Chinese wine market: discover the secrets
After New York and Milan, I flew to Hong Kong to take part in the International Wine & Spirits Fair. And I would like to write a few words about this. The advantage of a rather limited fair, basically two pavilions, is that it leaves you time to attend the seminars. The one on the winemaking industry and the one on the Chinese wine Market were enlightening. Justin Cohen, from the Ehrenberg-Bass Institute for Marketing Science of the University of South Australia, presented the update of a study on the local consumer, based on a sample of over one thousand people.
Chinese wine business
Many stereotypes were destroyed: in China, iconic wine, for gifts or special occasions, those that created problems for the system after the anti-corruption campaign, make up only a small part of total consumption. The truth seems to be that too many hopes were laid on this immense potential market. And someone took advantage, causing concern in the minds of consumers who appreciate wine and that humbly wish to know more about it, but who don’t want to be treated like idiots (and who does?).
THE KANGAROO’S REVENGE – There is a common thread this year in Hong Kong: we are referring to the conference on “How to invest correctly in wineries”, almost all Australian, complete with the urge to buy property in that continent. And to think that every time someone buys a vineyard in Italy we almost raise the alarm against the barbarians, whereas here they can’t wait for someone to bring some money in and keep the economy going. The thread therefore is stretched by the kangaroo, also an important presence at the fair, with a national and regional participation from the Yarra Valley. So the commercial slowdown that has hit Australia, whose plan to conquer world markets based on quality production in massive quantities set up a few years ago, hasn’t worked. And the winemaking industry has promptly changed direction: now ultra premium production of high-level small and medium wineries has increased. In 1993 there were 737 wineries in Australia, in 2013 there were 2573. So, anyone who has given the kangaroo up for dead, think again.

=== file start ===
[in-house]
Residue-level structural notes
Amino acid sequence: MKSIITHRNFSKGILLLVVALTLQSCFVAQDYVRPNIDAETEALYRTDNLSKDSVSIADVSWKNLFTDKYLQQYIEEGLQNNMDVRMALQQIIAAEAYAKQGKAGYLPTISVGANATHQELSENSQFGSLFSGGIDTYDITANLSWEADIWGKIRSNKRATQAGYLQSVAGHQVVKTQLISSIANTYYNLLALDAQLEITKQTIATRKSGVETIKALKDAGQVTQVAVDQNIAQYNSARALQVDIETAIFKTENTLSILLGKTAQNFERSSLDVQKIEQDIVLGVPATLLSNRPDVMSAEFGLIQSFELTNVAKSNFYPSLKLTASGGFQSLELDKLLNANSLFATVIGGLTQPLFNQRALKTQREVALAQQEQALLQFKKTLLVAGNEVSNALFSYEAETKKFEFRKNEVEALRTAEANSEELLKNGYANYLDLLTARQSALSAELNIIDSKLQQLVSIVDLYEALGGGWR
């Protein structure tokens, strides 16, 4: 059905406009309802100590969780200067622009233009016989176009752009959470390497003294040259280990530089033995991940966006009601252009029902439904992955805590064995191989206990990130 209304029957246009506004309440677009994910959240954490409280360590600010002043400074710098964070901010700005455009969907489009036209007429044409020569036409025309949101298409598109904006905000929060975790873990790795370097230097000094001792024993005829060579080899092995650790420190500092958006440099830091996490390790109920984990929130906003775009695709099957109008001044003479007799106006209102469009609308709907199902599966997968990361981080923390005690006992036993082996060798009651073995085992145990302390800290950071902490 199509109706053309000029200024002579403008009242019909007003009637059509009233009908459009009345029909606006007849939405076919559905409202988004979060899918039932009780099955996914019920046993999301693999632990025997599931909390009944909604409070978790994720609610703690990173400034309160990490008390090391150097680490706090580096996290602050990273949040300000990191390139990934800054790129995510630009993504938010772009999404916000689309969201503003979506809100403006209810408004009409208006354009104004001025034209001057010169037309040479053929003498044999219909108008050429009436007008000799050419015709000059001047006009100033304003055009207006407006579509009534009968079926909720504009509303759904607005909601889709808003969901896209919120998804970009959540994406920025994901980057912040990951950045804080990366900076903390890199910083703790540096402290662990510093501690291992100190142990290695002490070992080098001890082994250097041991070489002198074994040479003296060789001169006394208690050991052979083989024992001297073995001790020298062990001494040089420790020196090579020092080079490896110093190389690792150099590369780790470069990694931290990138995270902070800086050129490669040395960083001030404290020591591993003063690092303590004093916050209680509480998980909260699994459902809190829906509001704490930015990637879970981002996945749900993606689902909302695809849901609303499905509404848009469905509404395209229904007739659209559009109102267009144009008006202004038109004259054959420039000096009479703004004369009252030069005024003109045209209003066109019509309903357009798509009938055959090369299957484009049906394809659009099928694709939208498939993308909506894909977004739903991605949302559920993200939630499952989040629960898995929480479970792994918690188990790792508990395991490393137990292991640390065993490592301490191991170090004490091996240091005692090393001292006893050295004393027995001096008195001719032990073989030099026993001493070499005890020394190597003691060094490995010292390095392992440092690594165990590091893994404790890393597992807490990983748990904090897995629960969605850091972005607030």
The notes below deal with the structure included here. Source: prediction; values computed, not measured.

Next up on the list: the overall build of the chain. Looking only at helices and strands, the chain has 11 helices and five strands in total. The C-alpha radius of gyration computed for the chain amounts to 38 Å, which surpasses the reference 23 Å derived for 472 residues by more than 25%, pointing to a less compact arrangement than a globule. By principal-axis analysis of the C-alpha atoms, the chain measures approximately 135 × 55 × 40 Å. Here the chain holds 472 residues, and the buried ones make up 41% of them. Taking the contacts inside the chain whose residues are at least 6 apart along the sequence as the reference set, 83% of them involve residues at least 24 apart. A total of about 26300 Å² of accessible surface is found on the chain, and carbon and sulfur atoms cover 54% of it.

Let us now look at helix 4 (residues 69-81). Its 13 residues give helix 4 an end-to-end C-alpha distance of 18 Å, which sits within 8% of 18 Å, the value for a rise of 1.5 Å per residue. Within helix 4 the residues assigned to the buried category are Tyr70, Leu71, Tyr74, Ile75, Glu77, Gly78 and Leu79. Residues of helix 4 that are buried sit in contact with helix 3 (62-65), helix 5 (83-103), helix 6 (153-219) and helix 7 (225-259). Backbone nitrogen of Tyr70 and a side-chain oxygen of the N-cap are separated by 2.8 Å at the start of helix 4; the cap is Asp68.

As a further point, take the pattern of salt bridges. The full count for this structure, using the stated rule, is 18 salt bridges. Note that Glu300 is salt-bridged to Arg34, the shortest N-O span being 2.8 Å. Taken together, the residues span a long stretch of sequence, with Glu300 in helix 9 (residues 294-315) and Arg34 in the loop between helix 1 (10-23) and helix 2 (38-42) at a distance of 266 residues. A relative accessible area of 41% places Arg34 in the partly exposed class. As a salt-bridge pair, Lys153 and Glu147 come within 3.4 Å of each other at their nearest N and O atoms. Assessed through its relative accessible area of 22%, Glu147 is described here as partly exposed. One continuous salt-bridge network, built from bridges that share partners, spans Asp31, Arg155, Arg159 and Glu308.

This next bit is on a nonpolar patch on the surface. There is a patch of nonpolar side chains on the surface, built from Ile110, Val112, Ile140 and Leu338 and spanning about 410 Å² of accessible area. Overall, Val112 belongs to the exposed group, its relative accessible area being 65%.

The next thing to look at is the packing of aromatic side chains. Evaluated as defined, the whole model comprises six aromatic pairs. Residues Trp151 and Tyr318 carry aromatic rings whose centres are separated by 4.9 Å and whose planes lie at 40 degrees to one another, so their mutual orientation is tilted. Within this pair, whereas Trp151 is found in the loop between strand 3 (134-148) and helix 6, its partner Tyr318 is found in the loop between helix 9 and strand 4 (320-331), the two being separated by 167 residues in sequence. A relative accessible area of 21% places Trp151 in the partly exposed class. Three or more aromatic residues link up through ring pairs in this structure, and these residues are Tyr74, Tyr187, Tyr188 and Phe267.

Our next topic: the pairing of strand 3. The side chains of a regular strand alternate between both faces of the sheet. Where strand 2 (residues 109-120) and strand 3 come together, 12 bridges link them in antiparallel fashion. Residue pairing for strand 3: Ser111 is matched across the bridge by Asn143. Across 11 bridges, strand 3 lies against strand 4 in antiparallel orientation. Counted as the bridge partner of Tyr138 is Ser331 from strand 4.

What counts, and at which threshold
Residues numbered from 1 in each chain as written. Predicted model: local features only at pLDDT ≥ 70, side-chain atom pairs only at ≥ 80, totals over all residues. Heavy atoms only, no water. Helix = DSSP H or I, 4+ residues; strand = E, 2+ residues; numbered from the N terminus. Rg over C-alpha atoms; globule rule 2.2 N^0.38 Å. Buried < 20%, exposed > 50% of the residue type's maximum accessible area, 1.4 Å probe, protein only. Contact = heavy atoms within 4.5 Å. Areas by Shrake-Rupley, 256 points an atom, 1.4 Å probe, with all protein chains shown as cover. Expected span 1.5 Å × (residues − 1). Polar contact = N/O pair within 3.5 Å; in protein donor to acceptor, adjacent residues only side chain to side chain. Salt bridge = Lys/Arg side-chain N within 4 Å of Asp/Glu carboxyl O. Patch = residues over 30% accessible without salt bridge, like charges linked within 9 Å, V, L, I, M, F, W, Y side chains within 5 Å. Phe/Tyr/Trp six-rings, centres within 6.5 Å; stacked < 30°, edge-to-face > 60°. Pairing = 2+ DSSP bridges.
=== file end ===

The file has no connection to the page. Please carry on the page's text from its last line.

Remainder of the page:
WE MUST UNDERSTAND THE CONSUMER – Getting back to the fair and the Italian participants, there were a few top producers. We met some world-beaters, like Luca Sanjust and Luca D’Attoma, but at the stand of their local distributor, in perfect Prowein style. Only a few small businessmen had their own space, and these had the appearance of those waiting for someone to pass by rather than those who have prepared a battle plan to face the market of eternal illusion. And with this, let’s return to the most interesting subject that emerged from today’s report on the “state of the art”: China should begin to be seen as an emerging market, of new consumers on the rise, and not lunatics who mix cola with Petrus.
STARTING WITH STYLE – The young people monitored by the Ehrenberg-Bass Institute drink wine at home with friends, when they order it at a restaurant they are guided firstly by the memory of a previous good tasting, and then by a potentially correct food-wine match. And be careful: when they buy in a shop, the main drive is not the origin or the variety … it is the style. What makes you aware that you want a fresh or light red, a white with good aroma or structure. Words that we almost tend to ignore by now, thinking them banal. But listening to the consumer and his needs, i.e. marketing, is the opposite of snobbery.
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